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May 5, 2008


The nature of the city

Dunes. One of my favorite mental exercises is to stand on a hilltop in San Francisco and try to imagine what the area looked like two hundred years ago. Erase the houses and streets. What would I see? Dunes. Lots of them. All overthe Outside Lands, now home to the Sunset and the Richmond). Even downtown. In the 1840s,

the right-of-way of Market Street was blocked by a sixty-foot sand dune, at the location of the Palace Hotel now, and a hundred yards further west stood a sand hill nearly ninety feet tall. The city soon filled in the ground between Portsmouth Square and Happy Valley at First and Mission Street. The dunes were leveled and the sand used for fill.

These dunes were not the endless reaches of desert sand found in Dune or Lawrence of Arabia. Or the sandy expanses that I grew up with on the East Coast, in places like Jones Beach and Fire Island. San Francisco’s dunes were fairly stable hills, covered with a green lacework of tiny plants, spread like antimacassars over an overstuffed easy chair. Bush lupin. Monkey flowers.

Climb to the top of Turtle Hill, at 15th and Noriega. On a clear day, you can see tomorrow. The majestic scenery contrasts with the poignancy of the view at your feet. Some of these small plants — the dune tansies and the Franciscan wallflowers — are marked for extinction. Although far more humble than the proud and gorgeous rose so beloved by Saint-Exupery’s Little Prince, their fate is no less precarious.

There’s a wonderful website run by Earth Island Institute called Nature in the City. Its goal is

To conserve and restore the nature and biodiversity of San Francisco and connect people with nature where they live.

Good idea! But the preposition in the title is disturbing. And so is the one in the final phrase of the mission statement. “Nature in the City.” “Connect people with nature.”

Not so long ago, people accepted the mind-body dualism proposed by philosophers ranging from Plato to Descartes. The idea was that human beings were composed of two separate entities — the mind and the body — and ne’er the twain shall meet. Made us kinda special, compared with the other, dumber critters of this world.

But no more. Modern science and New Age metaphysics have both demolished the theory. The human mind and body are now taken as a package deal, as one and the same thing.

Now the dichotomy has shifted from inside us to our relationship with the outside world. It’s we versus them. People versus nature. Remember Terence’s old saying, “I am a man, so nothing human is strange to me”? It suggests other things are indeed strange — because they’re nonhuman. The statement lets human beings off the hook for whatever happens in the rest of the world.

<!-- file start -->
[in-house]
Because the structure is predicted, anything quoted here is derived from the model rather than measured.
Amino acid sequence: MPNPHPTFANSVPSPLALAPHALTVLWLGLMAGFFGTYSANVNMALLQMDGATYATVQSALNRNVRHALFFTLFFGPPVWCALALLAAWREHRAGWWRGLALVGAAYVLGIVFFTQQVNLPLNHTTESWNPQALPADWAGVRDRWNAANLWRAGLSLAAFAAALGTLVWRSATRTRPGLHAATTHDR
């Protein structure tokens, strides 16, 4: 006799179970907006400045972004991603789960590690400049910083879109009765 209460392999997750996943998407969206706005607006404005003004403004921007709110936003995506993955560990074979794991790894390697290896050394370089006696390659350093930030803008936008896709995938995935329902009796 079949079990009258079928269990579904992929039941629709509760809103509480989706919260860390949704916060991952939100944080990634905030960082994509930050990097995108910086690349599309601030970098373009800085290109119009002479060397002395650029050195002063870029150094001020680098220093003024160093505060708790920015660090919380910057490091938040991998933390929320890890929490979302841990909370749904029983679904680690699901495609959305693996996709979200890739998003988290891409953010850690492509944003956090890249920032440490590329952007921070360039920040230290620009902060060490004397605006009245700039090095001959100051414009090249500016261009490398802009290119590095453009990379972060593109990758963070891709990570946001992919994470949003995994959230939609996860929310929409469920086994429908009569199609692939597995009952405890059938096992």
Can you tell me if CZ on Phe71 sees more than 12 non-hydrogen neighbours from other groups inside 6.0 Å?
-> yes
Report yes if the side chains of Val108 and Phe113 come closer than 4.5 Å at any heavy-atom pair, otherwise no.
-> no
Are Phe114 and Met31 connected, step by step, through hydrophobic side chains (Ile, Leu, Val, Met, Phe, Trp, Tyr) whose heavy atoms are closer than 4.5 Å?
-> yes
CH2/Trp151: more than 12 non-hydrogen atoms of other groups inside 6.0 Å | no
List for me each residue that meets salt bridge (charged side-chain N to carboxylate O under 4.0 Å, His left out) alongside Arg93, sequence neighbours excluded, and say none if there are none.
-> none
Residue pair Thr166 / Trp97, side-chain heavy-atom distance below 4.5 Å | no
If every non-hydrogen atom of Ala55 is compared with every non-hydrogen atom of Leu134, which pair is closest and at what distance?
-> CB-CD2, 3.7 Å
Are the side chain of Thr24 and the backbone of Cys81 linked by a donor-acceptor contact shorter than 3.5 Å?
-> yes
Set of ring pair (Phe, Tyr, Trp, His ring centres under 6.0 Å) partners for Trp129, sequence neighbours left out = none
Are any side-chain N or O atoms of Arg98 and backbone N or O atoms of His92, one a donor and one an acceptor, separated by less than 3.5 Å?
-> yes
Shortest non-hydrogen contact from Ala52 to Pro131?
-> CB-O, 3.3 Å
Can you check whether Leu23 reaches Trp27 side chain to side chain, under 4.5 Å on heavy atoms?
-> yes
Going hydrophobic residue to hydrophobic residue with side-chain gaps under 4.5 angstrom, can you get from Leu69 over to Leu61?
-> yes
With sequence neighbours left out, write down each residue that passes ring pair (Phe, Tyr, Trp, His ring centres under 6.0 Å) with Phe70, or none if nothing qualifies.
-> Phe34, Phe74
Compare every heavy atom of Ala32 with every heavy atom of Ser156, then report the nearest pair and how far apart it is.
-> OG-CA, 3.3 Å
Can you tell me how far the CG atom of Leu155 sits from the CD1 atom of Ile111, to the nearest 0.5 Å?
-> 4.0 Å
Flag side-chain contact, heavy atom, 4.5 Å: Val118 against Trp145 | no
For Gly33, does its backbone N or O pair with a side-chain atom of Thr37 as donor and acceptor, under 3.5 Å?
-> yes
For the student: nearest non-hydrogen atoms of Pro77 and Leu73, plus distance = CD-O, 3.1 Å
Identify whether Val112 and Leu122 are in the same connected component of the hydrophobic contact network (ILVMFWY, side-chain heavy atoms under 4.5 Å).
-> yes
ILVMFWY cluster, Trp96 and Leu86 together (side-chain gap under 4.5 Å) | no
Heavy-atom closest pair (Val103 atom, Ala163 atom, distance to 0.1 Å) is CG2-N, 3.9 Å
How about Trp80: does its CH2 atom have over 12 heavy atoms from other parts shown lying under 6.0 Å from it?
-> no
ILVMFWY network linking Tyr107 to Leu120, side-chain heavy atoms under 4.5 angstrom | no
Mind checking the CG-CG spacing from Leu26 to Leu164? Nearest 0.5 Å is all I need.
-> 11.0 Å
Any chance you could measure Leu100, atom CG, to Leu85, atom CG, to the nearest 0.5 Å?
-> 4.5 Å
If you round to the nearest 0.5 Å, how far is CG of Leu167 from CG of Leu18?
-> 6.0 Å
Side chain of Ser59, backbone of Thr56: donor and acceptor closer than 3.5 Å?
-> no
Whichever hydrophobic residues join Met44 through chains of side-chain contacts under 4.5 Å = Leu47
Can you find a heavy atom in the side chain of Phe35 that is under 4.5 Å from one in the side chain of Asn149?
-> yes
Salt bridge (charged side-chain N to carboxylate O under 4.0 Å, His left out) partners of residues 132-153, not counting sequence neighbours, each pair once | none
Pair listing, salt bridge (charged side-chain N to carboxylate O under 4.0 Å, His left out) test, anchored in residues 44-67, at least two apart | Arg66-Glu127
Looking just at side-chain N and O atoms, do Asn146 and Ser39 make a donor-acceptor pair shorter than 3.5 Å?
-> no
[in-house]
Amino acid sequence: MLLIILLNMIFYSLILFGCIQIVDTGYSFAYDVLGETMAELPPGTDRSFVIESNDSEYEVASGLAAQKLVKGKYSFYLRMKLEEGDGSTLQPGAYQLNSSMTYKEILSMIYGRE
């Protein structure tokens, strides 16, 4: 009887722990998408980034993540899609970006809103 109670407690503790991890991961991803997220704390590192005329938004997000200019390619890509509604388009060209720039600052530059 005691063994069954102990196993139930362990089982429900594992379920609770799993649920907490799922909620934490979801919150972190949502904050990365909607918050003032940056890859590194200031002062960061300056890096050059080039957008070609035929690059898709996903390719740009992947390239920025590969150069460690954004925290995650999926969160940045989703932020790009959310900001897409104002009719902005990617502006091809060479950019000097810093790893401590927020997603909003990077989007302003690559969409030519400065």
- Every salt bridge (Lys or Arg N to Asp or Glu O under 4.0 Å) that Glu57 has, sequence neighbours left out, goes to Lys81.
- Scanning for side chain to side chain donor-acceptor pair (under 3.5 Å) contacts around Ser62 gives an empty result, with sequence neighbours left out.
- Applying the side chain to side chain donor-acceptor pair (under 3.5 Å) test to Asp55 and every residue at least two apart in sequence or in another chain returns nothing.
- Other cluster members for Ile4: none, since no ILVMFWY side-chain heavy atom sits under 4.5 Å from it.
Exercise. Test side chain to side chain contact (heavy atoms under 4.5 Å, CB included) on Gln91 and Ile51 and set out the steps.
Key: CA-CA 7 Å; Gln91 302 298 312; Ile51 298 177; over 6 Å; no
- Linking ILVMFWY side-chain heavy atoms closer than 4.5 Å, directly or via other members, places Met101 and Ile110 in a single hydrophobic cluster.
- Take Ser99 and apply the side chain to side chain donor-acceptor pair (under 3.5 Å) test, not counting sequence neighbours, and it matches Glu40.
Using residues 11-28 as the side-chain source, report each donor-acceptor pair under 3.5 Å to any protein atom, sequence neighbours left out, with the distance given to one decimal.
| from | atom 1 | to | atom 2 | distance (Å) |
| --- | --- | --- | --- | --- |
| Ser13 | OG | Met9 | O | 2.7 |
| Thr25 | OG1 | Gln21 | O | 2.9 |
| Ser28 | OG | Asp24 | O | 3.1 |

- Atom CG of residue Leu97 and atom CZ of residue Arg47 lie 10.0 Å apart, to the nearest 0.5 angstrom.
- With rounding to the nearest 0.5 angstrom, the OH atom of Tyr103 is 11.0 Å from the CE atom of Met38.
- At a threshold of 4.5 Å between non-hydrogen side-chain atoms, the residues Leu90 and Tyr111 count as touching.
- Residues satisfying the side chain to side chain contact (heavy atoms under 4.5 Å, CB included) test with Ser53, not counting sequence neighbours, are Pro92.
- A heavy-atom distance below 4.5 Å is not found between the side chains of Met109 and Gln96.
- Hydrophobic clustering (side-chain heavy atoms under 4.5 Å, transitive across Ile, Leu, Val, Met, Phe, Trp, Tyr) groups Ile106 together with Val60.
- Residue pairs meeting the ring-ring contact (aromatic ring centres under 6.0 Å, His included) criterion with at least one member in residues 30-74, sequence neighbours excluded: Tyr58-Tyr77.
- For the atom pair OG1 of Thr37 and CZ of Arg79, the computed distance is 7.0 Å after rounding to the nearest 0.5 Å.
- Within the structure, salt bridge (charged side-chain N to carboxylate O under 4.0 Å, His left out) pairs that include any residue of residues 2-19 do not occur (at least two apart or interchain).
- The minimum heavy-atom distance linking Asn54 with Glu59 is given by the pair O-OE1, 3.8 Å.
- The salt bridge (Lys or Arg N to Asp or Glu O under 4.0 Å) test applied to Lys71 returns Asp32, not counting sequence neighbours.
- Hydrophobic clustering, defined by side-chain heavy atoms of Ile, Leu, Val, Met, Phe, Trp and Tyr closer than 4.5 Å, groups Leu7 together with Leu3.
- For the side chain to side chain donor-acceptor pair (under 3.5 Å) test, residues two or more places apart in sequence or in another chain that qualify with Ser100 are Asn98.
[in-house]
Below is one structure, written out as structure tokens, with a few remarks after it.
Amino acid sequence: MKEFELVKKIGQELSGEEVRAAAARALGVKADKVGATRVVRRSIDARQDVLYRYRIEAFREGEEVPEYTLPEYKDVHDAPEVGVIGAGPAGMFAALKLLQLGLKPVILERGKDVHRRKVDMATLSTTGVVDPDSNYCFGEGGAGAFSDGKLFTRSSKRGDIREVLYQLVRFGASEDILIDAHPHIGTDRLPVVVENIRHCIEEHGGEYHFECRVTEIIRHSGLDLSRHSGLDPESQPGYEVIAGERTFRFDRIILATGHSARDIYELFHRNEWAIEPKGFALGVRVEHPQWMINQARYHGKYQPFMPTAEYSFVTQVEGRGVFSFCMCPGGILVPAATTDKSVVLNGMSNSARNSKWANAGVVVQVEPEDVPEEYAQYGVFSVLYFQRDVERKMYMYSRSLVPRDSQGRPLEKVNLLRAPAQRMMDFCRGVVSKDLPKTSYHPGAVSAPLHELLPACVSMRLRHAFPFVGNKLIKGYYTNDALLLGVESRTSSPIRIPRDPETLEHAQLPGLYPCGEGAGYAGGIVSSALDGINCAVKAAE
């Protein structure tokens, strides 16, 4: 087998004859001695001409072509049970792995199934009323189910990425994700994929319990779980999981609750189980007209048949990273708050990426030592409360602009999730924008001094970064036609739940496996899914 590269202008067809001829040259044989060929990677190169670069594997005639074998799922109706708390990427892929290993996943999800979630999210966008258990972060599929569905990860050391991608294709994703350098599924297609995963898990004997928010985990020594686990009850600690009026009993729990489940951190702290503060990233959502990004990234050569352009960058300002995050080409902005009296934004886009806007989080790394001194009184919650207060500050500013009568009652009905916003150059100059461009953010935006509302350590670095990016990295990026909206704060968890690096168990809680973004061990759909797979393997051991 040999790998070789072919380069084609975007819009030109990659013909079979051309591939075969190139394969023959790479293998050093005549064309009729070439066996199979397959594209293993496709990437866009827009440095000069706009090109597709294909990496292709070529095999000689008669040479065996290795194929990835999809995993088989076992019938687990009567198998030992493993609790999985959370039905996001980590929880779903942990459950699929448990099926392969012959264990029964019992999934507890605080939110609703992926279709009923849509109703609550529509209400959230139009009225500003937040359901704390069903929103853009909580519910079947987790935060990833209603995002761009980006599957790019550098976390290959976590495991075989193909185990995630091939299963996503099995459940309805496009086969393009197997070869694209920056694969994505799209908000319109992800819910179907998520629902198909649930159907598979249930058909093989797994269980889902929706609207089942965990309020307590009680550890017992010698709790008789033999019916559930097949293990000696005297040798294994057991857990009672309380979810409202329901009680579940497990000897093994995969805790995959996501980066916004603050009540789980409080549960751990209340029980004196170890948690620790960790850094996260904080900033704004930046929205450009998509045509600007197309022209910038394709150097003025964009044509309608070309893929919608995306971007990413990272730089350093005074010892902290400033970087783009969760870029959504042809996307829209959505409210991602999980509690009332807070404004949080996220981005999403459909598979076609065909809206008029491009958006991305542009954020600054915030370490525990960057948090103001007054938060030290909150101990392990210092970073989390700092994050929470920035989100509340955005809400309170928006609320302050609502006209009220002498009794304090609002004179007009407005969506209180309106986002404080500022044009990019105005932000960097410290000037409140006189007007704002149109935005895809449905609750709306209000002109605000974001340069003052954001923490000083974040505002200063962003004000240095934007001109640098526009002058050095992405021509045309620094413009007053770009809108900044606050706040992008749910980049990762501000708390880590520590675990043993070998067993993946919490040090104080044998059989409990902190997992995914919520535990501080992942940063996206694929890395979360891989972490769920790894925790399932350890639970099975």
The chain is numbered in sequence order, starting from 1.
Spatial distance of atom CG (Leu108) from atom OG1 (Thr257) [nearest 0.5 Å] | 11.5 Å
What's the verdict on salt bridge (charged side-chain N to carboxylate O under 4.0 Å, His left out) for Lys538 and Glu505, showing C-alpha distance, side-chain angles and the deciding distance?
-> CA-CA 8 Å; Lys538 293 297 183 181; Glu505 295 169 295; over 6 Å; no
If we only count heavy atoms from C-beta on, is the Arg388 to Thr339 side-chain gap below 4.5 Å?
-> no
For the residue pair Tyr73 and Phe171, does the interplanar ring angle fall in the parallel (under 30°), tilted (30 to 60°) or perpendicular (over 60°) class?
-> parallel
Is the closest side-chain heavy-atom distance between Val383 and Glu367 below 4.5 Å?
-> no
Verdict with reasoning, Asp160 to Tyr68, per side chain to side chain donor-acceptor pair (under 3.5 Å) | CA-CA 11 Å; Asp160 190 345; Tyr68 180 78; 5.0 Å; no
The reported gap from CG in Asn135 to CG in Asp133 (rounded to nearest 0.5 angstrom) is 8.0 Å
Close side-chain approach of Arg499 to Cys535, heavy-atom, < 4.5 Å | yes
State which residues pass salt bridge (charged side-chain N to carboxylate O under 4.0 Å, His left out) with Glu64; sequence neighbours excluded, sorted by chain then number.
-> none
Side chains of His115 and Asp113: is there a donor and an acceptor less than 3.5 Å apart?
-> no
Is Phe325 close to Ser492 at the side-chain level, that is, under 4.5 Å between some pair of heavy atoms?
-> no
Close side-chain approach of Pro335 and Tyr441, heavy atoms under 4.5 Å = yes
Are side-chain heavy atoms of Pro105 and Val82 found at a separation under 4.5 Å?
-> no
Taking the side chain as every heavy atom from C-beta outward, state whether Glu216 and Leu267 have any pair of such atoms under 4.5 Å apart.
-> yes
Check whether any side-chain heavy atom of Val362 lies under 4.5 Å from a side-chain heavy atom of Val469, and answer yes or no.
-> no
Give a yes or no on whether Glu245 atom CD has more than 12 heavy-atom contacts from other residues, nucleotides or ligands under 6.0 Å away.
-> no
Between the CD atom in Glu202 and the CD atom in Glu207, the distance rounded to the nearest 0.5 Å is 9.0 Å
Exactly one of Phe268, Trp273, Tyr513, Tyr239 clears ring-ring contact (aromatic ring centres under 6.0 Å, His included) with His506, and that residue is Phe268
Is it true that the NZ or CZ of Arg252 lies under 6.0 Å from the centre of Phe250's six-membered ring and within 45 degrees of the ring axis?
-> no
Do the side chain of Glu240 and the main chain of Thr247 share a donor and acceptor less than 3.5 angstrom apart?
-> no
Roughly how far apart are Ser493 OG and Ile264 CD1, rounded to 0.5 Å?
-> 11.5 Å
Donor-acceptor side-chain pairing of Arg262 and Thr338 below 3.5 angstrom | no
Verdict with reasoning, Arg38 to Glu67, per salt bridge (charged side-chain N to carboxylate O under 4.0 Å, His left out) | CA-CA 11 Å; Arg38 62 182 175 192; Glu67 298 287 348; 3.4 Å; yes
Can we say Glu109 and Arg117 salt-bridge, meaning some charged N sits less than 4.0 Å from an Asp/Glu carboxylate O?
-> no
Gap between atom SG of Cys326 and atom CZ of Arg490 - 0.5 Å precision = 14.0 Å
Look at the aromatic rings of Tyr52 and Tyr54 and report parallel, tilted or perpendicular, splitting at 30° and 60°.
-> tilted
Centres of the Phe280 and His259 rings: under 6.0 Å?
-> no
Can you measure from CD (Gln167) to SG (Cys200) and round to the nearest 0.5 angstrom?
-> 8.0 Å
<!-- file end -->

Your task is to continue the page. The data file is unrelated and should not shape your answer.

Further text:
This dualism is an issue that the environmental movement is only beginning to address. But as long as we think in terms of a human-nature split, we’re going to have a hard time rectifying the damage that our actions have caused.

The times they are a-changing, perhaps out of necessity. San Francisco “The City That Knows How,” would to well to look slightly to the south. Every year Sustainable San Mateo County issues an “Indicators Report” on the state of the county:

The sustainability of a region typically is measured by markers, or indicators, of community vitality. These include assessments of resources such as air quality, water quality, and biodiversity; social and economic indicators such as housing affordability, crime rates, and unemployment.

Sometimes clichés say it all: We’re all in this together. Sink or swim. That’s the nature of a city.

MediaWatch. It all started in a piece by Carl Nolte published on March 7, called “One Rincon residents are moving in,” where one of the new residents said,

“I feel like an urban pioneer.”

Nolte continued the image, but his tongue seemed rest firmly in his cheek.

Then along came C.W. Nevius, in a column published Sunday. Nevius has found some spirits who are kindred to Nolte’s. One

calls herself a pioneer — ready to take to the edge of the urban frontier, stake out a small piece of property, and hope that it will turn out to be a place they can make a home.

Another, an architect, says,

“They’re homesteaders. Modern homesteaders, charting a new course.”

Nevius chimes in:

They’ve certainly got that pioneering spirit.

Calling gentrifiers “pioneers” is so old hat. Way back in 1996, geographer Neil Smith published a book called The New Urban Frontier. Even then, the term was a bit moldy. Smith notes,

In the language of gentrification, the appeal to frontier imagery has been exact: urban pioneers, urban homesteaders and urban cowboys became the new folk heroes of the urban frontier. In the 1980s, the real estate magazines even talked about “urban scouts” whose job it was to scout the flanks of gentrifying neighborhoods, check the landscape for profitable reinvestment, and, at the same time, to report home about how friendly the natives were. Less optimistic commentators indict the emergence of a new group of “urban outlaws” in connection with inner-city drug cultures.

Moldy or not, words have meaning. In this case, Smith adds,

The term “urban pioneer” is… as arrogant as the original notion of “pioneers” in that it suggests a city not yet socially inhabited; like Native Americans, the urban working class is seen as less than social, a part of the physical environment. [Frederick Jackson] Turner was explicit about this when he called the frontier “the meeting point between savagery and civilization,” and although the 1970s and 1980s frontier vocabulary of gentrification is rarely as explicit, it treats the inner-city population in much the same way.

And it still does.

Thanks for reading. I’m outta here till Friday.

        — Copyright Betsey Culp 2008